Day 16 Maidenhead/Adventuring Overcast and cool
When we woke up this morning and looked out at our beautiful view, we discovered that someone had pulled the plug! Yes, the River Looe is tidal and as they have a large difference in tide heights and the tide was out, this meant that the boats that were moored in the river were literally high and dry.
We had a lovely breakfast at Trehaven Manor and had a nice chat with a couple from Devon – we thoroughly enjoyed our stay at Trehaven!
We had a busier day than we intended today as everything took longer to look at than we had allowed!
Our first stop was at Polperro, an old fishing village, not far from Looe. We parked at the visitor’s car park and walked down into the town, which has very narrow, windy streets, with nowhere to park. We found the harbour and were amused to discover that, of course, the tide was out here as well, and so there were a few fishermen hanging around waiting to take their boats out. We found a path and some steps that took us up to the top of the cliffs, where we had a spectacular view of the village and the rugged coastline.
From there, Sean led us up the garden path…. well, some of the roads he took us on to get to the Eden Project, were not much wider than a garden path – certainly no wider than the little merc, with hedges rising well above our roofline on both sides of the road. On several occasions, we had to reverse to a slightly wider spot for the other person to squeeze past – not a lot of fun.
When we finally arrived at the Eden Project we were very impressed. Sandy wants to bundle up all the ideas and take them home to her school, Bulimba State School, and in particular, the principal, Michael Zeuschner, as they are very involved in sustainable practices.
The Eden Project is hard to describe in just a few words, but basically it was built on an abandoned clay pit, some 13 hectares, was transformed into a series of huge gardens. Domes, like giant green house bubbles, were constructed to emulate the climates of specific regions eg there is one that reproduces the climate for Rainforest Plants and another for the climate of the Mediterranean area.
The size of the spheres, or as they call them, Biomes, has to be seen to be appreciated. The Rainforest Biome is larger that the entire Tower of London complex. The Biomes and the external gardens have 2665 different species of plants.
The Eden Project has been designed to provide educational and research facilities, while also providing a high level of interest for people like us to come and enjoy/learn.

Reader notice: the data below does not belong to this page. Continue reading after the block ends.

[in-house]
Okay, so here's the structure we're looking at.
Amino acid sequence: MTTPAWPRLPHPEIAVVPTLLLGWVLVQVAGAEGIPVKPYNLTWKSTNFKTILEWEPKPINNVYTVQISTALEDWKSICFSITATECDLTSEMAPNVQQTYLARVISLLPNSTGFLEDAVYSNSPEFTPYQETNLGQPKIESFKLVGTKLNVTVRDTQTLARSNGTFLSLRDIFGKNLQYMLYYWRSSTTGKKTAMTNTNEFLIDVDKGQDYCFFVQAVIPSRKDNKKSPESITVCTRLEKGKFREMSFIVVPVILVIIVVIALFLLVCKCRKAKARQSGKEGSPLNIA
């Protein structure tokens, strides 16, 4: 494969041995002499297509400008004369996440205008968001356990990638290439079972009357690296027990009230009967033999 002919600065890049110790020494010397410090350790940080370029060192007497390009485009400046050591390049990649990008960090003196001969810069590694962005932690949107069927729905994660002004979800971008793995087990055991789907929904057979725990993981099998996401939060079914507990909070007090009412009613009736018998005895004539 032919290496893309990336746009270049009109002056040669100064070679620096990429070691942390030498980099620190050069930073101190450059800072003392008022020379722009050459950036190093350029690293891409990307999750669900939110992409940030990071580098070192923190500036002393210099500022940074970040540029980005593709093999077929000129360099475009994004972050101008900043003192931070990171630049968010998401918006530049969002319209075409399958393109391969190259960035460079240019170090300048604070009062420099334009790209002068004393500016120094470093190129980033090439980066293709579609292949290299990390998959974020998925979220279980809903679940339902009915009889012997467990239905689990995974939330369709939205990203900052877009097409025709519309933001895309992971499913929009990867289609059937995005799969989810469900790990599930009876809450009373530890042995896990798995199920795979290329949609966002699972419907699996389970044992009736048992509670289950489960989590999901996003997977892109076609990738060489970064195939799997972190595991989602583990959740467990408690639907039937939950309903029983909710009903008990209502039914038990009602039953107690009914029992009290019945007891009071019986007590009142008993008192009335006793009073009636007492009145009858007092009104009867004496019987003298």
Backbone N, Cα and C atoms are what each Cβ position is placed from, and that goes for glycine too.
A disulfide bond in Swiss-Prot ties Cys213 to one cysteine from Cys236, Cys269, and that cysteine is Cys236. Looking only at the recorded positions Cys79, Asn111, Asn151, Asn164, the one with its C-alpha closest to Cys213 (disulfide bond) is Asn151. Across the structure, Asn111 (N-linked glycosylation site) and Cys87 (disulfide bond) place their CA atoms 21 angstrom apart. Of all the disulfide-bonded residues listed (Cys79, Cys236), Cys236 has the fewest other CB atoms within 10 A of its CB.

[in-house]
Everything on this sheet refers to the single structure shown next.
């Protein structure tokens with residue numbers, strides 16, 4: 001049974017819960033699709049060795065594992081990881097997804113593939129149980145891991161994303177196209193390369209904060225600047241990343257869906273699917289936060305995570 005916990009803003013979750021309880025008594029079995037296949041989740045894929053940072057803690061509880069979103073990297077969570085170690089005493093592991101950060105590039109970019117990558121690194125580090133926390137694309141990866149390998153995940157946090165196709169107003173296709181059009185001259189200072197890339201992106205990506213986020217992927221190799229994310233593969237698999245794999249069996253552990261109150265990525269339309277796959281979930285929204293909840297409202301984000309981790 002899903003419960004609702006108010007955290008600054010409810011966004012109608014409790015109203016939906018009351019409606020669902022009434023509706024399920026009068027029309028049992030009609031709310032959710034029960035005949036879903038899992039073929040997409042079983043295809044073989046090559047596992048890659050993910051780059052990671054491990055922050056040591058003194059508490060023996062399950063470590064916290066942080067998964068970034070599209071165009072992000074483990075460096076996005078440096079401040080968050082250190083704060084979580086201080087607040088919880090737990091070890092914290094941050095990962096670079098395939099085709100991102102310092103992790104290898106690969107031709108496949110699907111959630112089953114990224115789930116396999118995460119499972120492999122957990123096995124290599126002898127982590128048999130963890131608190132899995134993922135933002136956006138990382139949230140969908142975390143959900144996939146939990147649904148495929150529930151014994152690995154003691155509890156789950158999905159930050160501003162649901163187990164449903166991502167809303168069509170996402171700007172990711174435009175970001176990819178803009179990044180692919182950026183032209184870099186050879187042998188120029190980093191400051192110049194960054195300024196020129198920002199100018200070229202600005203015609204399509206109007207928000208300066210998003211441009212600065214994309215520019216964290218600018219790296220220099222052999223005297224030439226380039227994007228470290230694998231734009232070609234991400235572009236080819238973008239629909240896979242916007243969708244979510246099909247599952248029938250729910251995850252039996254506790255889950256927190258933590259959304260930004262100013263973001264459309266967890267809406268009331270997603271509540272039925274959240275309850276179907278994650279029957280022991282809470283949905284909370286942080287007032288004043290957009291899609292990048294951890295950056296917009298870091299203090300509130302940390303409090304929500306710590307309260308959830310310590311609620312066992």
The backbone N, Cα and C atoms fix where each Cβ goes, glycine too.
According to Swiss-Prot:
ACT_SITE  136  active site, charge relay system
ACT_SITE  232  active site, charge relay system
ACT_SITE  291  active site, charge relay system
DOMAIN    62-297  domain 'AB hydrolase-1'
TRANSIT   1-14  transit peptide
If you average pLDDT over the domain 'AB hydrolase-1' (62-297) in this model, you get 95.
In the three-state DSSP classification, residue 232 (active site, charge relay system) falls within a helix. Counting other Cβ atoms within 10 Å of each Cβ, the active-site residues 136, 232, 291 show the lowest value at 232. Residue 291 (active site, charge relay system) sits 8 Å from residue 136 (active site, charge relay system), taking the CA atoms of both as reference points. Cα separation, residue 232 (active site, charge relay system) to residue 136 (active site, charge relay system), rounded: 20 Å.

We had lunch at the Eden Project – a Cornish Pastie, of course, before we headed to our next adventure for the day, after spending too long, but not long enough at the Eden Project.
After that, we continued south west, with the narrow roads dropping us back to the coast at lovely little fishing villages such as Mevagissey and Gorran Haven.
We made our way to the Lizard Peninsula, which is the true most southern point of Britain, has historically been a very treacherous coastline, but today, it was very calm. We parked the car and walked for 15 minutes down to the point, which involved more steps cut into the cliff face, for some spectacular scenery and lots of photos.
From there we headed off to see St Michael’s Mount, which is a castle that was built on an island, which is only accessible from the mainland when the tide is out, or of course, you can catch a ferry across.
Next stop, Penzance, briefly! By this stage, it was getting late and we decided to just have a quick look at Penzance and continue on to Land’s End, where we were staying for the night.
We headed west along the coast towards Land’s End and came across a quaint little town called Mousehole (pronounced Mou-zle), but the roads were becoming increasingly narrower and winding down through villages, with barely enough room for the car to fit, so we opted to turn around, when we were able, and headed back to through Penzance to the more common route.
We booked in to the Land’s End Hotel, which is right on the edge of the cliff, and went for a walk and took some photos before dark.
Land’s End is said to be the most westerly point of England and also supposedly the furthest point south.
So now, we have been from John O’Groats in Scotland, the most northerly part of Britain to Lands End.
We had dinner in the hotel restaurant overlooking the point and what could have been a magnificent sunset, if it hadn’t been overcast.
So, as you can read, we had a very full and enjoyable day!